Vorple in Glulx mix

Okay, now I am asking the impossible.

I am using Glulx for a LOT of reasons I can’t avoid, but really want to include one Vorple function.

The ‘Wiki’ lookup function. I am comfortable with picking apart I6 code to get just the few functions I need if I have to.

But is it even possible to add something like this from Vorple (where it works great) to a Glulx project? And in a Glulx interpreter? The Vorple interpreter does not support the other functions I need for this project.

Release along with JavaScript "encyclopedia.js".

Looking up is an action applying to one topic.
Understand "look up [text]" as looking up.

Carry out looking up when Vorple is supported:
	place a block level element called "dictionary-entry";
	execute JavaScript command "wikipedia_query('[escaped topic understood]')";
	say run paragraph on;
	block the user interface.

I am guessing not… but if possible, it would be a great addition to those of us using Glulx for functions not supported by Vorple.


On the plus side, the latest versions of Vorple do use Glulx, so in theory Glulx-specific things can work fine.

On the minus side, Vorple is fundamentally a different interpreter, which is how it’s able to offer all its web-based functionality. There’s no way to do Vorple things in a non-Vorple interpreter. So if you’re relying on something that even the newer Glulx Vorple interpreter can’t handle, you’re out of luck. You’ll have to pick one or the other.


This reminds me of a Glk function I’d like to see added: open a URL (in the user’s default browser). Specifying it wouldn’t be difficult, just getting the interpreter authors on board. But it’s good to know that there are game authors who would make use of it.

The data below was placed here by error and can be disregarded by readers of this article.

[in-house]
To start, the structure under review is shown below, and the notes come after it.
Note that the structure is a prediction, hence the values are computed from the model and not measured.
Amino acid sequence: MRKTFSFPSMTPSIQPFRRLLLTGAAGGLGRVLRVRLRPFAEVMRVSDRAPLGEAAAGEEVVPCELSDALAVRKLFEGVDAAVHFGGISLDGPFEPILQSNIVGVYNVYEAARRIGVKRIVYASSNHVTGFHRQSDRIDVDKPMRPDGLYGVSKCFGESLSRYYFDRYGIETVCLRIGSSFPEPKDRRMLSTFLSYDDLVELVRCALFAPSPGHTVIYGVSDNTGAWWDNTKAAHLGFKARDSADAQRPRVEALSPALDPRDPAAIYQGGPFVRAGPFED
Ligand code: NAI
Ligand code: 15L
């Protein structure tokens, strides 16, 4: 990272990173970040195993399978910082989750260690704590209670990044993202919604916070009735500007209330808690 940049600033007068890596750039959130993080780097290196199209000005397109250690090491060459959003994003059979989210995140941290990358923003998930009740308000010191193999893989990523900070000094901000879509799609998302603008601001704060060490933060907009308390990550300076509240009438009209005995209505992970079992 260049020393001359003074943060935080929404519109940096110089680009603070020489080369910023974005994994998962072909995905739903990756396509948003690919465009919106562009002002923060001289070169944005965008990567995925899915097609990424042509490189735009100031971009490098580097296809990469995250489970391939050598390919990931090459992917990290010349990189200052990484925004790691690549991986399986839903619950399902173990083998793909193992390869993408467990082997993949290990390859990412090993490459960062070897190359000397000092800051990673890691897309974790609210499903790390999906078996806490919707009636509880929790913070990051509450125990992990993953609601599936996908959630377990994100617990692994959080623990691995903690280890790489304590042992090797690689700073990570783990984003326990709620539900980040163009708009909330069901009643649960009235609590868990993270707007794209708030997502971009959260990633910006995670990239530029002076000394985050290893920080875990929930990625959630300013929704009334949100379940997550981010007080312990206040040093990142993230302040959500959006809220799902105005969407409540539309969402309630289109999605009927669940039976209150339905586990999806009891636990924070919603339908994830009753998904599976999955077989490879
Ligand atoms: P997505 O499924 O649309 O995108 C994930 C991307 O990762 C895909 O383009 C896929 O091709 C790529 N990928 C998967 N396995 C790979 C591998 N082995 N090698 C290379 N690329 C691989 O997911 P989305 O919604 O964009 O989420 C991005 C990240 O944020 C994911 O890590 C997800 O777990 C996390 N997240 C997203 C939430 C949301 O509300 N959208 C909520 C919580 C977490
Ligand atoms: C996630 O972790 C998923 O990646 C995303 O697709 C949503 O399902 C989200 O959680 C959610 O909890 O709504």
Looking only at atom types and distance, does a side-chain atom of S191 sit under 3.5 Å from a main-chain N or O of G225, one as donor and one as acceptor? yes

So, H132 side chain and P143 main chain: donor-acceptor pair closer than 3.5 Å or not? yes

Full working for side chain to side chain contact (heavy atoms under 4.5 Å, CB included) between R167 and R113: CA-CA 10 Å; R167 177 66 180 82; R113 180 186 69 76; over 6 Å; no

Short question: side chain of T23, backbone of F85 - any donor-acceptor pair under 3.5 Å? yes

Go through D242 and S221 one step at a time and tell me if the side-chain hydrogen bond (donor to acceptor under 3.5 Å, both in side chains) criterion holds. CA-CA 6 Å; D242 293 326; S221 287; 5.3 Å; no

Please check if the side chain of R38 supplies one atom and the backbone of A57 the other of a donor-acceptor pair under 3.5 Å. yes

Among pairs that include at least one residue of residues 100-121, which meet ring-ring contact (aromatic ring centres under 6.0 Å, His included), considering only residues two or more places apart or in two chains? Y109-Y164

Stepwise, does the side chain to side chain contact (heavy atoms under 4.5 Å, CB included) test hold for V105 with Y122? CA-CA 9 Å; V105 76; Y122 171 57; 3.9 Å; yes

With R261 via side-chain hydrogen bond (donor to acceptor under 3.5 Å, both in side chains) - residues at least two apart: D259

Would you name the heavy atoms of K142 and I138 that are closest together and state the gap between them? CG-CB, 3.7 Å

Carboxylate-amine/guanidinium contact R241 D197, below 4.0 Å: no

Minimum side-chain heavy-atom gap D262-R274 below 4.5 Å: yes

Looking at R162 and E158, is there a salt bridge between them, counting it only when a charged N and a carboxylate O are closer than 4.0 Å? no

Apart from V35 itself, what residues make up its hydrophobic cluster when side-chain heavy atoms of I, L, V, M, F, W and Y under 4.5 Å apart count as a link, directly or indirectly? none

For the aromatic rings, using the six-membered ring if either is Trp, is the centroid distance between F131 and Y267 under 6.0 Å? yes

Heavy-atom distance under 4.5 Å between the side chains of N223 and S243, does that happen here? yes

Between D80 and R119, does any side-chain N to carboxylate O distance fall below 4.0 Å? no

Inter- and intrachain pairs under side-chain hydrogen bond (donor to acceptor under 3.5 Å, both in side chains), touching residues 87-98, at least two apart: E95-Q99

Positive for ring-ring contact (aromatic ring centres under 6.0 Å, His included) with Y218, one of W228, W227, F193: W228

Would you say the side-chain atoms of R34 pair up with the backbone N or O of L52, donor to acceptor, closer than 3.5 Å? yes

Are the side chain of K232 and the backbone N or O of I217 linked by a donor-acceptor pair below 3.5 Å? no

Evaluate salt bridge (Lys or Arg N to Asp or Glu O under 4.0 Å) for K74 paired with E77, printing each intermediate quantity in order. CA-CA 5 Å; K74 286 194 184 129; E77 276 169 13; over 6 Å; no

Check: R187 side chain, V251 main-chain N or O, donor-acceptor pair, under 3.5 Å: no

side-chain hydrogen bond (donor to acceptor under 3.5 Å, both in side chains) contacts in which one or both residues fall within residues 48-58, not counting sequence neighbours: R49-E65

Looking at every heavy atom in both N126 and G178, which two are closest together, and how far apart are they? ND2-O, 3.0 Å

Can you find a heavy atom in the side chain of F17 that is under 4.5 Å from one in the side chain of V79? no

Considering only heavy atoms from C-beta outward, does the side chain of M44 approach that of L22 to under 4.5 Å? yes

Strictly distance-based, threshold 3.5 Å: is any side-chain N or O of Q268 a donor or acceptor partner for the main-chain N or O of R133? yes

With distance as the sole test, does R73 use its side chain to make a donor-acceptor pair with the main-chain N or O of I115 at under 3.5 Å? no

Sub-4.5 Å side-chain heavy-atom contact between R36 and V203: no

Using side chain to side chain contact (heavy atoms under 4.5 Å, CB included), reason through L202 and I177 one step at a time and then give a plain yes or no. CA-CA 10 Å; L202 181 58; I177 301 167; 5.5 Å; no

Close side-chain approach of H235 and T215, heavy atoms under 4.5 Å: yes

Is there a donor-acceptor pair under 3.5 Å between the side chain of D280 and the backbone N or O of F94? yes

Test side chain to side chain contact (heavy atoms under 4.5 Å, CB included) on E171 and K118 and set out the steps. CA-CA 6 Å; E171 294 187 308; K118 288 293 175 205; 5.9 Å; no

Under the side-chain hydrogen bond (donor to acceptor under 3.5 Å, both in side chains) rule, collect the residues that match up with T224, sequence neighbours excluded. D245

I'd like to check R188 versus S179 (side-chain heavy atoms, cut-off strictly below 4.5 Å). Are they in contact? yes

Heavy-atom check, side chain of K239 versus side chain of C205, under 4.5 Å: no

1 Like

Technically, you could hack Quixe (which supports most of Glk features) to make it execute JavaScript. It won’t be as sophisticated as Vorple, and may not be a really good idea, but it may work for your use case.

(I think @mathbrush did something like that, where he used the status line to execute JavaScript?)

Vorple does not implement the majority a Glk features because it’s possible to add them with HTML, CSS and JavaScript, and even make them more sophisticated.

Want multiple windows? Use HTML blocks and CSS to arrange them. Want sounds? Use the Web audio API (or a JS library that use it, such as Howler.js; I made an Inform extension that interfaces with it.) Want real time? Use JavaScript timers. And so on.

But then, I agree that if you don’t have notions in Web development, it’s not straightforward at all. What features are you using? If you really want to go the Vorple route, I can try to help you.

All of the above actually. Having the Wiki lookup feature would be cool… but it is really not needed. This project is going to be used as a learning tool so I don’t want to make it too complicated for a beginner, I just want to show off some of the best features (and wow them with the possibilities) then allow the students to either write their own or hack mine up to get more experience. I will probably make a Vorple example too so they can see what it can do, but just the basics. No web-dev required. That would have to be a separate class. :wink:

So I may take you up on your offer of help… once I get this project as “blinged-out” as possible and ready for the summer class. I am pretty good at web-dev, so I will probably just need to be pointed in the right direction.

I would like to get more knowledge of Vorple… and knowing it can be customized this way is going to prod me to try it.

I really really hate this idea. I play my IF mostly on a computer that has a default web browser, but I want my IF interpreters to leave it alone. I don’t ever ever play IF online. Have you thought about the privacy and security implications?

Well as with other multimedia features it would make sense for an interpreter to give you the option to disable it, or to approve opening the page each time. (This should perhaps be recommended.)

I can’t see any security implications. I appreciate that there would be a potential privacy issue as it could be used to track who is playing the game, but they could also just track who originally downloaded it. Low impact IMO.

1 Like

I agree… every access to the Internet is a risk, so an IF game from a trusted source has the same or less risk because the links have already been vetted. Now would I open an IF game I found on some sleazy site, or from a random spam email… Of course not. I would use the same judgement I use when I am on the Internet for any reason.